Film Review: One Day * *
I have not read it, but I'm assured by reliable sources that David Nicholls' 2009 novel One Day was a charming, funny and nicely written account of a two-decades-long friendship between a boy and a girl who meet at college. Now, less than two years later, we have this lush movie version adapted by the author, directed by Lone Scherfig, and starring Anne Hathaway and Jim Sturgess as a pair of British students whose drunken tryst turns into a life-defining relationship.
Much has been made in the British press of the fact that Anne Hathaway enters Gwynnie Paltrow country in taking on an English accent. The precise location of her character's intonation has been the subject of intense speculation: some have suggested Manchester, others many points further north and south.
But all of this is beside the point: Hathaway's accent does wander over hill and dale but remains more or less generically British and is not a source of distraction.
What is distracting is the film's clunky structure, which might work fine in a novel but here undercuts any possibility of interesting or believable drama.
The story begins in Edinburgh on St Swithin's Day (July 15), 1988, as a group of graduating students are wandering home after a drunken night out. Among them are Dexter (Sturgess), a debonair upper middle-class rake, and Emma (Hathaway), a shy, bookish girl from a humbler background.
To Emma's surprise, Dexter makes a play for her and they end up back at her place. Through a mixture or her awkwardness and his tiredness, they do not end up making love and instead decide to become friends.
One Day follows that friendship through almost 30 years of growth and change. After college Emma and Dexter both move to London, but while Emma gets stuck in a dead-end waitressing job at a dodgy Mexican-themed restaurant, Dexter quickly thrives. He breaks into television and becomes the glib host of a trashy but very popular late-night music and chat show.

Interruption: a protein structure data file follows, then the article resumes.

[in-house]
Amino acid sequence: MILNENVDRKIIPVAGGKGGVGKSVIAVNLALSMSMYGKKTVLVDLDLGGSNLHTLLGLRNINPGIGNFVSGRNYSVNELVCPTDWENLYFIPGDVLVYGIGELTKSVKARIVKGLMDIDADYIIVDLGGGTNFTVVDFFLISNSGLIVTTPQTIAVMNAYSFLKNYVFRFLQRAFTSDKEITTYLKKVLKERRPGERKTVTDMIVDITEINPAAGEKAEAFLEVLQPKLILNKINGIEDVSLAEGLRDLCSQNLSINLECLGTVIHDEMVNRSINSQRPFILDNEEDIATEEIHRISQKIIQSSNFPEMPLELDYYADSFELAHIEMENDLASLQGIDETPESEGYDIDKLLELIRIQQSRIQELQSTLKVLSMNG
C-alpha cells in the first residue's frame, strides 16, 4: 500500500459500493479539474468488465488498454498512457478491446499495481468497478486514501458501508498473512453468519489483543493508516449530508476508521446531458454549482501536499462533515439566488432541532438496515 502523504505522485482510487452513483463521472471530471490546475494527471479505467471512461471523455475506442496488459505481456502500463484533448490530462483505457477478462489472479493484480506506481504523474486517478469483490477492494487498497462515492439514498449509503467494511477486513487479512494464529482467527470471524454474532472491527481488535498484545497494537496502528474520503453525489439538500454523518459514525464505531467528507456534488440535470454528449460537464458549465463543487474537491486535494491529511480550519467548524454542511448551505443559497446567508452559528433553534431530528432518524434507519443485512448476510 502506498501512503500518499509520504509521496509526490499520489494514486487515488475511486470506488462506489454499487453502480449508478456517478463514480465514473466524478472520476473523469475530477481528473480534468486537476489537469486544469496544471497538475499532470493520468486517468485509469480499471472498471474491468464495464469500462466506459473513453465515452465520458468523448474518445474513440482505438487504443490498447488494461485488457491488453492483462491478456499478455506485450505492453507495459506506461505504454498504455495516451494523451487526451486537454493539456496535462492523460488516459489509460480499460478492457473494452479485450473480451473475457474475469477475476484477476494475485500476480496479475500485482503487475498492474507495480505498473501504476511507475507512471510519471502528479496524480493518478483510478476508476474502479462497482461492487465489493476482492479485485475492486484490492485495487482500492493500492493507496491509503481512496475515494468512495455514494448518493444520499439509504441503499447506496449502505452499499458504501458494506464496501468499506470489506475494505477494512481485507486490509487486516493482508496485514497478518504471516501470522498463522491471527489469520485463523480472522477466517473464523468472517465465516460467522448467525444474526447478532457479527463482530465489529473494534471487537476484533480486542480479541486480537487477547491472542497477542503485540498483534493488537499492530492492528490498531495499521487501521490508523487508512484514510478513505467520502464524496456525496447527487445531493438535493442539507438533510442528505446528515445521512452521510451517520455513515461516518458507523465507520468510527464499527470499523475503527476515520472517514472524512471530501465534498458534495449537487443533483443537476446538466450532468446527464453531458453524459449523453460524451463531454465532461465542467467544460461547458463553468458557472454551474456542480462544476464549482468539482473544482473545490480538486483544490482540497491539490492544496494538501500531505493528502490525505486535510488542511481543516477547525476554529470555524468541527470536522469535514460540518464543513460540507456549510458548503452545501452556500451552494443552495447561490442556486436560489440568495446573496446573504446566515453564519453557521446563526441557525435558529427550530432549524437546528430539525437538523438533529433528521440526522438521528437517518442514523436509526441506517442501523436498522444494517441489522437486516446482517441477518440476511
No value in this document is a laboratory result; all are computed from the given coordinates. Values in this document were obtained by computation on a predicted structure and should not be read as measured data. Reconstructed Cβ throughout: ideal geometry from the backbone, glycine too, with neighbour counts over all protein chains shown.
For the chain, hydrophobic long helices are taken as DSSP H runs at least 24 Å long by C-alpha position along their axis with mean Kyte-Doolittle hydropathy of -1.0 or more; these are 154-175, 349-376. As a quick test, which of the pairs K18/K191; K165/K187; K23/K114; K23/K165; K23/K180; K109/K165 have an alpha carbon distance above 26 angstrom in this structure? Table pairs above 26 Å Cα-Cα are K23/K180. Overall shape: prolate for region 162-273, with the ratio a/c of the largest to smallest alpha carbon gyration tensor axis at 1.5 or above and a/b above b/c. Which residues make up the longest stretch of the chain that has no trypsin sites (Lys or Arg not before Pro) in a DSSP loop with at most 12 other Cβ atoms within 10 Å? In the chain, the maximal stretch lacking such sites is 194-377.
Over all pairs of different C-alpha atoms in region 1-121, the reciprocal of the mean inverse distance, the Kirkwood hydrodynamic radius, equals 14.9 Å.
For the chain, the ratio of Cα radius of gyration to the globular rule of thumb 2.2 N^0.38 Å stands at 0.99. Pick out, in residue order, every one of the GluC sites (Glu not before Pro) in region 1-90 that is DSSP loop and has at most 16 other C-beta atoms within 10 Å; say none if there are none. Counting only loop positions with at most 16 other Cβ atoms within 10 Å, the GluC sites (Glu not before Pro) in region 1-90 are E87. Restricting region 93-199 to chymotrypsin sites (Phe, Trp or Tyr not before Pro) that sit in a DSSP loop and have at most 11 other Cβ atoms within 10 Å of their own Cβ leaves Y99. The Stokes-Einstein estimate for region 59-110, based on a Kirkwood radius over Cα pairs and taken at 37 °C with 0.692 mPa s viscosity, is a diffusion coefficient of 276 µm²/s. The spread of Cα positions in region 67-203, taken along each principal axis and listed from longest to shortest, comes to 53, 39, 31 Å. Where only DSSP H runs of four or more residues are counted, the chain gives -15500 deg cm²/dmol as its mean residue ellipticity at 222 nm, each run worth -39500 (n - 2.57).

But fame changes Dex: as the 80s bleeds into the 90s, he develops a serious coke habit and begins affecting a 'mockney' accent on the show.
Through all of this Emma remains his faithful friend, but, as he grows more and more obnoxious, even her patience begins to wear thin. To make matters worse, Emma has to watch him love and leave a succession of bimbos while she contends with the bitter truth that her love for him will in all likelihood remain unrequited. But life rarely turns out as you expect, and One Day's plot twists and turns at regular intervals.
However, instead of proceeding organically, as it were, One Day's storyline jumps from Swithin's Day to Swithin's Day, with the year in question appearing at the screen's corner in an opulent serif font. At first this seems charming, but it soon becomes irritating, and the choppy, stop-start format plays havoc with the film's dramatic development.
The script, in addition, is curiously lop-sided. While we find out all about Dexter's parents, his remote father (the excellent Ken Stott) and his arty, delicate mother, Emma's background remains a total mystery, and as a consequence she comes across as a bit of concocted cypher.
A decent supporting cast is not well used. Rafe Spall, who so memorably portrayed an underworld sociopath in the recent BBC drama The Shadow Line, seems ill at ease here playing a would-be stand-up comic. And Patricia Clarkson struggles with both her English accent and the underwritten role of Dexter's mother. But a much more significant problem is the lack of chemistry between Sturgess and Hathaway.
Sturgess is a likeable but slight actor and struggles to hold his own against Hathaway's heavier, showier style. There's an awkwardness to their interactions, and Hathaway seems to have a deadly effect on comedy. She's probably miscast as a character who should have come across as a charming kook, but, in fairness to her and Sturgess, I don't think anyone could have made this unwieldy script work.
Day & Night